Cutting your own path...The igarape as an aquarium subject.

Have you ever heard of an igarape before?

It translates roughly as "canoe road" in the Hengatu dialect of the Tupi language (spoken all over the Western Amazon region), and that's just what it is: A little jungle stream that is used by indigenous people in Brazil to navigate through the rain forests in their small canoes. 

These little bodies of water flow between forest trees, and often diminish to even smaller shallow creeks during the dry season. The lighting is rather dim, as the sunlight is often partially obscured by the low, overhanging trees and vegetation. As one might guess, these little streams often have botanical materials, such as leaves, seed pods, and branches falling into them throughout the year.

And of course, as you also might imagine, we're more than just a bit interested in the biology of these little streams, and the implication for us as fish keepers! They provide a very interesting subject for us to attempt to replicate to some degree in aquariums. 

The igarapes are home to a large number of characins and Loricariidae, yet also include some fishes like Knifefishes, cichlids, and even some killifishes from the genus Rivulus as well.  If you're thinking what I'm thinking- and I'm pretty sure that you ARE- then you're already trying to figure out how to plan your next cool Amazonian-themed aquarium!

Obviously, we can take some "artistic liberties", being in this for fun and not try to be 100% biotope-centric, down to the last rock and twig. However, there are some general physical characteristics of these small streams that we can use to help us plan our little representation of them!

Water movement: Generally, a very modest current, without significant surface movement. This makes sense, because you do find a fairly large number of surface-active Hatchetfishes, like Carnegiella myersi and Carnegiella strigata in these streams, along with the aforementioned Rivulus, which tend to accumulate at or near the surface.

Lighting conditions: Rather dim, as the igarapes tend to be located deep within the forest, with little sunlight filtering down to the forest floor. You could easily get away with room ambient lighting, or maybe just a few daylight-flavored LEDs to simulate beams of sunlight penetrating the canopy. As you might suspect, there is virtually no aquatic vegetation present. Hardscape lovers, rejoice!

Water chemistry: You guessed it- soft and acidic, with pH ranging from 4.8 to 6.2 in some locations studied by scientists. There are both blackwater and "clear water" igarapes, but as you might imagine, the blackwater ones tend to be more common. High heterotrophic activity by microorganisms, bacteria, fungi, and algae tend to assimilate many of the available nutrients rather quickly.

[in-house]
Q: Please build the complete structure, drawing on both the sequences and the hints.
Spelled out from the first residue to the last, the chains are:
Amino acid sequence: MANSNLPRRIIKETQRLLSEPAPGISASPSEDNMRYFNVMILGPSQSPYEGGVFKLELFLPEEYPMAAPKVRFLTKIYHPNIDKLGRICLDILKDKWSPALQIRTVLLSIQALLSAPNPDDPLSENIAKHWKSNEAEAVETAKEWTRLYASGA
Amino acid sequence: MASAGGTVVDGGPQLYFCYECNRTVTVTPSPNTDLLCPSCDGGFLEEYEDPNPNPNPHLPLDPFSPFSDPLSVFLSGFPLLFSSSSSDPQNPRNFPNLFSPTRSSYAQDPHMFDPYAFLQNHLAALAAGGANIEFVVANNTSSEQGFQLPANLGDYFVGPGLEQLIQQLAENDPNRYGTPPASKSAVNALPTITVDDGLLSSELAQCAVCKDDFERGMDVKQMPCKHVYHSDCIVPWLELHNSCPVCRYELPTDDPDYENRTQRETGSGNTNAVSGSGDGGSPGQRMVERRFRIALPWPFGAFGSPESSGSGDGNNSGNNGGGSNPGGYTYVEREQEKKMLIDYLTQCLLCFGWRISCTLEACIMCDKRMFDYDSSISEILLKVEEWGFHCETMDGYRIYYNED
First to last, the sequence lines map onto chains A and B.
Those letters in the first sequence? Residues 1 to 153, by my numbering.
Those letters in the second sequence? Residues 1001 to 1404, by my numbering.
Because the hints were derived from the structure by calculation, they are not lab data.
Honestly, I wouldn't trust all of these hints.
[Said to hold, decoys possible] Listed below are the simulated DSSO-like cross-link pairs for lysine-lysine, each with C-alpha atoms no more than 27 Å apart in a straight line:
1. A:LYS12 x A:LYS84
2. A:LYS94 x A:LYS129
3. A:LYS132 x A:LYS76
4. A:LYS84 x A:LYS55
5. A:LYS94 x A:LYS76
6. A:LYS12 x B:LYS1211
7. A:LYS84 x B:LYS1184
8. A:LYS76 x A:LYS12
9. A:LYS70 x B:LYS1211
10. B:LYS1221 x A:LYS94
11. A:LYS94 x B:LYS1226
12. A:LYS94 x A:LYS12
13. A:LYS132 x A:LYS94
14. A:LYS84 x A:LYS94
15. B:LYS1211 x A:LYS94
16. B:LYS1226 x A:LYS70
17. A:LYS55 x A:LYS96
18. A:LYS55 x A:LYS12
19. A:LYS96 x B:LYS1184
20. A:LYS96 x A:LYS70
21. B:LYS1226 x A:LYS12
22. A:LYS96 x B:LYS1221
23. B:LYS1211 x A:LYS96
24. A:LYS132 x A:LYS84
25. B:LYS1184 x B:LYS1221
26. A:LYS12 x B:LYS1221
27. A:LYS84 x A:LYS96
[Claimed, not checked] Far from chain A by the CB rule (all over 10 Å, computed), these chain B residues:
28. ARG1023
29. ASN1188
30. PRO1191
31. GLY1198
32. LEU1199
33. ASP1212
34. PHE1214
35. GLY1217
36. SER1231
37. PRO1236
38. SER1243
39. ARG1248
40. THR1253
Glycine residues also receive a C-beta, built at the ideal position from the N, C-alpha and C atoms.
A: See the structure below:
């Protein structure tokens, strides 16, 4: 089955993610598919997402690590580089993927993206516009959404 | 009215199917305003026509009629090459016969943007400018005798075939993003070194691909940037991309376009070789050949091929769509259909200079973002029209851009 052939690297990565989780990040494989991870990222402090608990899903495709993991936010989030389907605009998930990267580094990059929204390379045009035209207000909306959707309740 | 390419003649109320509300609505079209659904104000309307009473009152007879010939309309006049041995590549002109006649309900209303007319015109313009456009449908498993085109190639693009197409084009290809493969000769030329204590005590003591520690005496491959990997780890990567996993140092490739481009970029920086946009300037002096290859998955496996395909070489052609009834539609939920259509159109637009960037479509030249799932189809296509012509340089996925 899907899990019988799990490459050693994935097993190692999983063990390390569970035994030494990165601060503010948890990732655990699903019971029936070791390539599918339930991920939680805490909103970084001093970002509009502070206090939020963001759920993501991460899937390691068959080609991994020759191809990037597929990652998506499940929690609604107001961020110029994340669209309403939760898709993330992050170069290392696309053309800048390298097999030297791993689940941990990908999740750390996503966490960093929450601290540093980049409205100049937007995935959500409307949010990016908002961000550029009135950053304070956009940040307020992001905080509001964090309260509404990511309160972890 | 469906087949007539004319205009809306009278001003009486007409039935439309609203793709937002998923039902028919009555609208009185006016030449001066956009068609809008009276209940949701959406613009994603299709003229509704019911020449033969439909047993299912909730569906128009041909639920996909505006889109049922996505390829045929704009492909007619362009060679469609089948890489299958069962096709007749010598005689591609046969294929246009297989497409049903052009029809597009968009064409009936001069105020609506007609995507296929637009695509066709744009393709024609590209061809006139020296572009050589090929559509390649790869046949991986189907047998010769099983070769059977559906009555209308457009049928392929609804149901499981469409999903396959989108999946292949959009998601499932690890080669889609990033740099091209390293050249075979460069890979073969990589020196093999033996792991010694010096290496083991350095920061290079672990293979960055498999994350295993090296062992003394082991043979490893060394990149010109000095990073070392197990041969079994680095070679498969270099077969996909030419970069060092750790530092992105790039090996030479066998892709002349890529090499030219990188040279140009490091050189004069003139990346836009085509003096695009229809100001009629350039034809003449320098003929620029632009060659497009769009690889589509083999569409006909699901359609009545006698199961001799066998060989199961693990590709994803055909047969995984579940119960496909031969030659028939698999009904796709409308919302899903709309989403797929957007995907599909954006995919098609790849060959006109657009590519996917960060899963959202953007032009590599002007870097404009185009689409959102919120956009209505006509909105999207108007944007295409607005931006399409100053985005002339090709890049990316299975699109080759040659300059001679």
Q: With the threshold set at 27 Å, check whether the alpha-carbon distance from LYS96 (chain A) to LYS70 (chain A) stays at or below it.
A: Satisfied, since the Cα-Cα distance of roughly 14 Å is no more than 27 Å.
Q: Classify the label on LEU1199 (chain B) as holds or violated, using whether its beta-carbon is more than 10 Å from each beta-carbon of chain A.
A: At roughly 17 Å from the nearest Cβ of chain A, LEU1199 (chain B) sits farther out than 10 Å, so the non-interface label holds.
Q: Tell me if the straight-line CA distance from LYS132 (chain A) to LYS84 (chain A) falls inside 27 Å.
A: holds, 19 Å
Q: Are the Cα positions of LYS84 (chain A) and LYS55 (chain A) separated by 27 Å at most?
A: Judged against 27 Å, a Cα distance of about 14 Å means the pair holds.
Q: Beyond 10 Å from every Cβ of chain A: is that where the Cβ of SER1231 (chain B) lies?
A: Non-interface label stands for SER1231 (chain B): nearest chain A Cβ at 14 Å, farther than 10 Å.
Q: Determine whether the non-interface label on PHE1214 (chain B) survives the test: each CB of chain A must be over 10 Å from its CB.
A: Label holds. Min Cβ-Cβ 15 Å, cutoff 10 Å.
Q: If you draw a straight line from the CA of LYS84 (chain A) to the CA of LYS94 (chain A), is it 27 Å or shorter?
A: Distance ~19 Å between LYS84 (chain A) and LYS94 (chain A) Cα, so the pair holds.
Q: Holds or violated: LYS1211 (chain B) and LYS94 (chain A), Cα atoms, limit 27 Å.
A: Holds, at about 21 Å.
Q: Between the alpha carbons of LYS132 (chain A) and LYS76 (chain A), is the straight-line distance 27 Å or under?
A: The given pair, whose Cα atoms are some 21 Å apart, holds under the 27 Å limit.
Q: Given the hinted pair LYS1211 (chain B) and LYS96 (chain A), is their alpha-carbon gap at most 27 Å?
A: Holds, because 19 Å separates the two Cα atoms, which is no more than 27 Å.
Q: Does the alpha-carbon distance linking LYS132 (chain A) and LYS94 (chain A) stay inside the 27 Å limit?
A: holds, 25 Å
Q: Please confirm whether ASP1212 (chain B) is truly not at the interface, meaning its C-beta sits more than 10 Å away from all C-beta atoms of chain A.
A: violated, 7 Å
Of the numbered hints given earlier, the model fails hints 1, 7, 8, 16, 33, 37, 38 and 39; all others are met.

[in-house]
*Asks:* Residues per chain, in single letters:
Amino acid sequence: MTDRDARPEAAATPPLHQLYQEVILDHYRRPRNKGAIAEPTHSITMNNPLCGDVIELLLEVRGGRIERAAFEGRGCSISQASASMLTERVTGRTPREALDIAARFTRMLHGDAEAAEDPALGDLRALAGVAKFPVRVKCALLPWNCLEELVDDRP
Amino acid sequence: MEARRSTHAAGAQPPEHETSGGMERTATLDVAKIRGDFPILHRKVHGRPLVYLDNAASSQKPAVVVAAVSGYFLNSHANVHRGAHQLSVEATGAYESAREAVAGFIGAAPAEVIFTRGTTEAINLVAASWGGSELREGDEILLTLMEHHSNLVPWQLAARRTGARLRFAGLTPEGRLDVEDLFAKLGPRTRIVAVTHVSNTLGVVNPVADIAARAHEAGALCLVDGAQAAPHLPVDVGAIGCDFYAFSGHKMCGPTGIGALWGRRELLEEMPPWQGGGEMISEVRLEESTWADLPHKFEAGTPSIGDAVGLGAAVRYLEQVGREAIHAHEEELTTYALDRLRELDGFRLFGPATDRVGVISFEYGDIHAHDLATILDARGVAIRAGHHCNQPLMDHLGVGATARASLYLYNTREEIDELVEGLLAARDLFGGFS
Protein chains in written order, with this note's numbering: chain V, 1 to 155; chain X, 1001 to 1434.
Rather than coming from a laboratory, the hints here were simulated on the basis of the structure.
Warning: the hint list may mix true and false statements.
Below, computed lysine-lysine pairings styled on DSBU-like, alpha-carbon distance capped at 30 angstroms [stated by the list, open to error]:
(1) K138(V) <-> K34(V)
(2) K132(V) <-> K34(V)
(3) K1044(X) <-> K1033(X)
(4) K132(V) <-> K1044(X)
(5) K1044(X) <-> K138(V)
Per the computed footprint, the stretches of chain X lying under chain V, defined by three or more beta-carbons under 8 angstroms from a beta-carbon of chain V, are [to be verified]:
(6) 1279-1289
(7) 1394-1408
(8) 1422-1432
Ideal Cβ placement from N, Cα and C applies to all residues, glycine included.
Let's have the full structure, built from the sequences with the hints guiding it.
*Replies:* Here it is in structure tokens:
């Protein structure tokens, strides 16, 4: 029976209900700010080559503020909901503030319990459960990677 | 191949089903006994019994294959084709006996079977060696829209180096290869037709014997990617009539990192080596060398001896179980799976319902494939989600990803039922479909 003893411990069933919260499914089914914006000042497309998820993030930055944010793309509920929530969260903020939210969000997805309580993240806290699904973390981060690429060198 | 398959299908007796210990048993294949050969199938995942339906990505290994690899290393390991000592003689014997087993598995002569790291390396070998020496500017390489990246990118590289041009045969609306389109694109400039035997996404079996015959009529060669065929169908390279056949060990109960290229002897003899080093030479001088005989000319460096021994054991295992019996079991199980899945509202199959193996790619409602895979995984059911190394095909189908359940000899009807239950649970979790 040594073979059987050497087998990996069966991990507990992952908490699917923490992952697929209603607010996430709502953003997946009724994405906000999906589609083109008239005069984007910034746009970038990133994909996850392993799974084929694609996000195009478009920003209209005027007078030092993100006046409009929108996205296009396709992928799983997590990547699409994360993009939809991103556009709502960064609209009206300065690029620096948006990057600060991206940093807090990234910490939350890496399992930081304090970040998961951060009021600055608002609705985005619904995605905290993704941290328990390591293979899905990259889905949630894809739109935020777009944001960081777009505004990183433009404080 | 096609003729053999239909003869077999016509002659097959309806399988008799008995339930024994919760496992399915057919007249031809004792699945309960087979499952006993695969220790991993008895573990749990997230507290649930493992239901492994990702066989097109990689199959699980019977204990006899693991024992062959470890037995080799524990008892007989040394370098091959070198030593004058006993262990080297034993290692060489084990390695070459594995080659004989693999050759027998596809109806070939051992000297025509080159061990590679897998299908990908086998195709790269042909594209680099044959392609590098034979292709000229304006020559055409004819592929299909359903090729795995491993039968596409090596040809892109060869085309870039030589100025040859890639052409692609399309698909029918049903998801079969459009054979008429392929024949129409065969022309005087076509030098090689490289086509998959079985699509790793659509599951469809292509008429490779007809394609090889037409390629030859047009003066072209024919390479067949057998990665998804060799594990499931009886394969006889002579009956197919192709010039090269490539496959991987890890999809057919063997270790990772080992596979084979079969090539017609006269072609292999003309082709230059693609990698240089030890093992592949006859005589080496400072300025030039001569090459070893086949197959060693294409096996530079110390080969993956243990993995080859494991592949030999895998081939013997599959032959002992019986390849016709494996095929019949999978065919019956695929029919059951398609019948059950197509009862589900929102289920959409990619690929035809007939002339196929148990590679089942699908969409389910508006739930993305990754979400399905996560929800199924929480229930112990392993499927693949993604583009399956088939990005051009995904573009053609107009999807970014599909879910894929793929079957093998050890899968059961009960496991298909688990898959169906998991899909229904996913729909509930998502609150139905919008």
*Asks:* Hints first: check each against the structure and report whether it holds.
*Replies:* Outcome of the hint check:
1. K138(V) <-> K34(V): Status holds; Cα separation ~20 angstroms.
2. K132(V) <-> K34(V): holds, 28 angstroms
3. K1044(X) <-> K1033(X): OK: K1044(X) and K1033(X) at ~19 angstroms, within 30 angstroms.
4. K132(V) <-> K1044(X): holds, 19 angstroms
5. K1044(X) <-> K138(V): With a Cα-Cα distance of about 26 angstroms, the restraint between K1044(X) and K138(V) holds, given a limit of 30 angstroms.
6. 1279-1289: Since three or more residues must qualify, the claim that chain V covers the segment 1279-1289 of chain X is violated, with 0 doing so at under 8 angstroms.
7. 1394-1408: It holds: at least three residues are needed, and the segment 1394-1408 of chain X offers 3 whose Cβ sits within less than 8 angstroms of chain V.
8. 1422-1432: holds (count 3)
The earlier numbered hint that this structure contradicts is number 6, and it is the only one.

Leaf litter: An important part of these little streams is the abundant presence of fallen leaves from the overhanging trees. These fallen leaves contribute not only tannins and humic acids to the water, they provide much of the food sources for the aforementioned fungi, bacteria and algae present in the water. There is actually some evidence that some fishes may actually consume some of the leaf litter materials as part of their diet (Walker, 1990), in addition to detritus, insects and other small crustaceans.

Botanical materials: Of course, with all of those trees, it only makes sense that you'd find some seed pods and the aforementioned leaves in the water! I know a source for materials such as those, by the way...

As for modeling your aquarium after an igarape, you can see that these are pretty interesting biotopes to imitate! Since most of these waterways are rather shallow, I think that a shallow, wide aquarium would be cool to play with. Filtration could be via canister filter or outside power filter, with either set for minimal surface disruption. For substrate, I'd use a very fine, light-colored sand. And, as mentioned above, lighting is not a major consideration, other than for aesthetics.

It's perfectly acceptable to throw in a few pieces of cool driftwood to represent the branches and logs that occasionally find their way into these bodies of water. Minimal rock is recommended, as you don't find a ton of rocks in this environment.

Okay, about all I did here was hopefully whet your appetite, or open your eyes up to consider yet another biotope to experiment with. And that's my goal. There is a lot of good research material out there on the internet about these environments.

The opportunity for creativity and education here is pretty significant, hopefully bringing some attention to this unique environment from the Amazon!

Stay adventurous. Stay curious. Stay creative.

And Stay Wet.

Scott Fellman

Tannin Aquatics




Scott Fellman
Scott Fellman


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